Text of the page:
It’s All About the Neighborhoods

Steve Kline is an attorney who is currently running for a City Council seat in District 6. He wrote this column for San Jose Inside.—Editor

San Jose has failed its neighborhoods and citizens by inadequately delivering the essential city services for which the taxpayers have dearly paid in tough economic times.

Overall, the city has a $2.8 billion budget. The budget is comprised of multiple funds, many of which the city has created to fund special interests and projects. Then, there is the battleground called the General Fund, which is only about 33 percent of the total budget. What the council hath created, the council can change. That fund should be more important than the special interests.

More importantly, this is all our money. Priority setting should be started with the neighborhoods’ interests first.  We should stop the annual charade of city management detailing their decisions, asking for the community’s comments and then defending their decision—all at the same meeting.

There is a better way. The city has to have an open, understandable budget for all to see. For example, last year I asked how many outside consultant contracts did the city have and what was their value. I was told that there was no complete answer to that question. Later, I learned at a public meeting with San Jose City Auditor Sharon Erickson that even she can’t locate all the outside consultant contracts for the city, let alone any changes made to them.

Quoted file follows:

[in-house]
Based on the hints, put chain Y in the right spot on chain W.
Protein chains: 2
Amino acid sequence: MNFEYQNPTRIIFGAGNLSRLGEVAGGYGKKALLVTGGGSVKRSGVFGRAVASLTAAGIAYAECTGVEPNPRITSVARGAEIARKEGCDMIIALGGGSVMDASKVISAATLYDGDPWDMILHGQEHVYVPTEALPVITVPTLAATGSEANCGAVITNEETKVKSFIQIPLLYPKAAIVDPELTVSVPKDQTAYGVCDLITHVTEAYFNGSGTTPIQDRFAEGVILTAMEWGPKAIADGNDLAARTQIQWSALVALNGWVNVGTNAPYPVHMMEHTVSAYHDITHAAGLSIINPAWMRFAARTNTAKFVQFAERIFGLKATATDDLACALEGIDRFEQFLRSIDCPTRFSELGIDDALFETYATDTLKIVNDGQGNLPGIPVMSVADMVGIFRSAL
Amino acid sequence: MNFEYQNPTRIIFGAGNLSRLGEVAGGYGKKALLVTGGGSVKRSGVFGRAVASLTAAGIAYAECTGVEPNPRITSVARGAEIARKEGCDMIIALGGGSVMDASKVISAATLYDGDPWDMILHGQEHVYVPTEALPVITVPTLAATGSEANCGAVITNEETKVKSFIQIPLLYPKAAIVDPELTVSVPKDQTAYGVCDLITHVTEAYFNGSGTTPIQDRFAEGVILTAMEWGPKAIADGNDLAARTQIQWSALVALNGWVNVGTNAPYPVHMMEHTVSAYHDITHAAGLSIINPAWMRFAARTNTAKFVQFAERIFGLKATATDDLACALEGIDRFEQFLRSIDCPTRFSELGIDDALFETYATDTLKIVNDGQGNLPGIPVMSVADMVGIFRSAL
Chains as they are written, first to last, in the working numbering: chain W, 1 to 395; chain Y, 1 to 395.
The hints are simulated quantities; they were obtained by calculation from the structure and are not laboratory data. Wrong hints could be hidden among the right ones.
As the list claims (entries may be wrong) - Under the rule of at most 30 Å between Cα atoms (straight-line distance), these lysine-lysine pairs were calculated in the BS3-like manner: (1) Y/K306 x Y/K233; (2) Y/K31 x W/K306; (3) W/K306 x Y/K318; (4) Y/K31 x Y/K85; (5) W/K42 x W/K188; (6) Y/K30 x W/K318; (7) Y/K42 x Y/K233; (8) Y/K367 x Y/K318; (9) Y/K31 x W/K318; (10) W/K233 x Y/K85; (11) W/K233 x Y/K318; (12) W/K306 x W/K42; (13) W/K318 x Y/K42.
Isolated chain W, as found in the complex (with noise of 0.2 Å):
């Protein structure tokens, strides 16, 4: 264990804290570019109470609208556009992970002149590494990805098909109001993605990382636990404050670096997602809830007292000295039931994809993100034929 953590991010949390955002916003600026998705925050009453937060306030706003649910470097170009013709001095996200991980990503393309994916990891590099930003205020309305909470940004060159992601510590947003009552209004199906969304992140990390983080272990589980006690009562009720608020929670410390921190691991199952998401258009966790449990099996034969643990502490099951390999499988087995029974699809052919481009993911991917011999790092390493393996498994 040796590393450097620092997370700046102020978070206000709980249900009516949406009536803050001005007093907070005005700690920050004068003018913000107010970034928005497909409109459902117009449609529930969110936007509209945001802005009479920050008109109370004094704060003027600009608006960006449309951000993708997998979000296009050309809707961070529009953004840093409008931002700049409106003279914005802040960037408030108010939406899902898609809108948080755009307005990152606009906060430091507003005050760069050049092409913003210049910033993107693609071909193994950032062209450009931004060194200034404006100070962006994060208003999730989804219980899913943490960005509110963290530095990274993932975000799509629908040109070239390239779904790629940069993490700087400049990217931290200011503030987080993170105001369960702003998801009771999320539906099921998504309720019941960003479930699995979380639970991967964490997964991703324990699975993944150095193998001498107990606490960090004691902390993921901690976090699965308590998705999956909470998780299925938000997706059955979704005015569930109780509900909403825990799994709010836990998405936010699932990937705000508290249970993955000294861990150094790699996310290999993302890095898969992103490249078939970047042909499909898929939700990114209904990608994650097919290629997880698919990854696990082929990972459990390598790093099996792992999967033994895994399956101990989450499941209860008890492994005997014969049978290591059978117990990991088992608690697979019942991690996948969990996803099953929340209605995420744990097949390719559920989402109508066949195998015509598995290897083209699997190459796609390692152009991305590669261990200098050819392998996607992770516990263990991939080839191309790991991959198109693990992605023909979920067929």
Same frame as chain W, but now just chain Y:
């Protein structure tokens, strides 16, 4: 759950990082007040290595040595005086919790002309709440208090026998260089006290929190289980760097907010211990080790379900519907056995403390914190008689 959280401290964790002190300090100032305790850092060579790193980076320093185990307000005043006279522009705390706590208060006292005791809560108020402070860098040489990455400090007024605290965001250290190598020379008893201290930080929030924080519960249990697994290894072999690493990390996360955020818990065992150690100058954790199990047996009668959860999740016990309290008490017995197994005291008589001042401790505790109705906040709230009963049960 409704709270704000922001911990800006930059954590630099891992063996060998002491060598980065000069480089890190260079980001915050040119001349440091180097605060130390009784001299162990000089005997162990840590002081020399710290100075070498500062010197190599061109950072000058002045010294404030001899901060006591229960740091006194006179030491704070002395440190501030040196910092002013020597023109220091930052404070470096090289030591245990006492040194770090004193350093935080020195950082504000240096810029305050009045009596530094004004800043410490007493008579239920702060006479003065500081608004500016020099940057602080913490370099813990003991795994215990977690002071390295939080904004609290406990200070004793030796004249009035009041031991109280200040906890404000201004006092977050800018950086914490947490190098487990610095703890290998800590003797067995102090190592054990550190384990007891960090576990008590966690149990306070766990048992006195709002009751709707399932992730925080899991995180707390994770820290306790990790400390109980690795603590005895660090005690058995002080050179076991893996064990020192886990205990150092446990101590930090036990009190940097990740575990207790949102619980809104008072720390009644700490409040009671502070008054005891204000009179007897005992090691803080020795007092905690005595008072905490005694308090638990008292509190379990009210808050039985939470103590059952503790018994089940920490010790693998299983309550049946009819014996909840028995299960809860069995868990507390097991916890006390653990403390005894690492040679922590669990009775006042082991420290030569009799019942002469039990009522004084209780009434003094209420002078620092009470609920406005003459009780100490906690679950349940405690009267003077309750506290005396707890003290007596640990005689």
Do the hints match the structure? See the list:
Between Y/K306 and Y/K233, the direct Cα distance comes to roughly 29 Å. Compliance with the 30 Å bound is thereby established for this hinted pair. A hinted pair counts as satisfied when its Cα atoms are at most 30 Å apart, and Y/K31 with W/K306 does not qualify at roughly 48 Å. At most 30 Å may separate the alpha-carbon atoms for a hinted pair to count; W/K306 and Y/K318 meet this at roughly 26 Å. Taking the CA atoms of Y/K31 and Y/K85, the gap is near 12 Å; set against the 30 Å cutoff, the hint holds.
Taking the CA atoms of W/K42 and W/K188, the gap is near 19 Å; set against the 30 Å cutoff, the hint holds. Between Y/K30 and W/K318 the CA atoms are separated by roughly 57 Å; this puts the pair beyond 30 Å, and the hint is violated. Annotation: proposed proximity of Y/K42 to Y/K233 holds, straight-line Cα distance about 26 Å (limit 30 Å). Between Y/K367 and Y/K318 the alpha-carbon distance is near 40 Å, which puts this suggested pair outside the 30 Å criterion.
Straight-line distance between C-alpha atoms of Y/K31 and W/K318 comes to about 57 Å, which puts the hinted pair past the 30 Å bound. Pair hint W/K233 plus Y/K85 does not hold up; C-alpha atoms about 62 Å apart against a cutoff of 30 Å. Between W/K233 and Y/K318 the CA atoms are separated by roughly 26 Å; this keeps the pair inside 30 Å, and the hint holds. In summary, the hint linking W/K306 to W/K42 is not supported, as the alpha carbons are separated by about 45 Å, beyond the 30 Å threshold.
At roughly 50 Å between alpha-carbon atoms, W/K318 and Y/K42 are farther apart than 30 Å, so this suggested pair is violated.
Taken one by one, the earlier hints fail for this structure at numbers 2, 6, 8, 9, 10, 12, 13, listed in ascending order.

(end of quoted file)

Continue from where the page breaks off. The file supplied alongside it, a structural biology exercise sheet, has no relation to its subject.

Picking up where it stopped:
In the Capitol of the Silicon Valley, we need to have that information easily available for our review and understanding. Once again, this is our money, not theirs.

We need more police on the streets. Residential crime is up and one can expect the violent crimes to increase as the weather becomes warmer. The officers currently working for us, who put their lives on the line every single day to protect and serve, are subject to increased stress because of the self-imposed short staffing. As Chief Moore has said, “Less is delivering less.”

Last year, City Manager Debra Figone had the opportunity to apply for a Federal government grant—by the way, that’s our money, too—for about 55 new police officers. She chose not to apply. Her excuse, without a discussion by the City Council, was that the city could not afford the condition of not laying off those officers for three years. If we invested hundreds of thousands of dollars in training police officers, why would we want to throw away that investment by letting them go?

The City Manager receives over $80,000 more than the Governor of California. We need to stop the exorbitant payment of high-priced public service executives. It is an honor and privilege to work for the people. Limitations on her salary are imperative.

Lastly, the neighborhoods need their libraries, parks and community centers opened throughout the city. These are vital services that demonstrably help reduce crime, and educate people. They add to the quality of life and bring business into our city. A city where half of its libraries are closed on Saturday is a failure.

Volunteers are a vital part of the operations. In fact, San Jose libraries over a six-month period have had over 1,500 volunteers contributing over 24,000 hours of service. We must encourage community service at all levels. However, we must also respect those who by education, experience and skill do excellent work at the day-to-day, ground level, providing citizens with needed public services. They are our neighbors, friends and an integral part of the fabric of our community. They are not the cause of the economic downturn.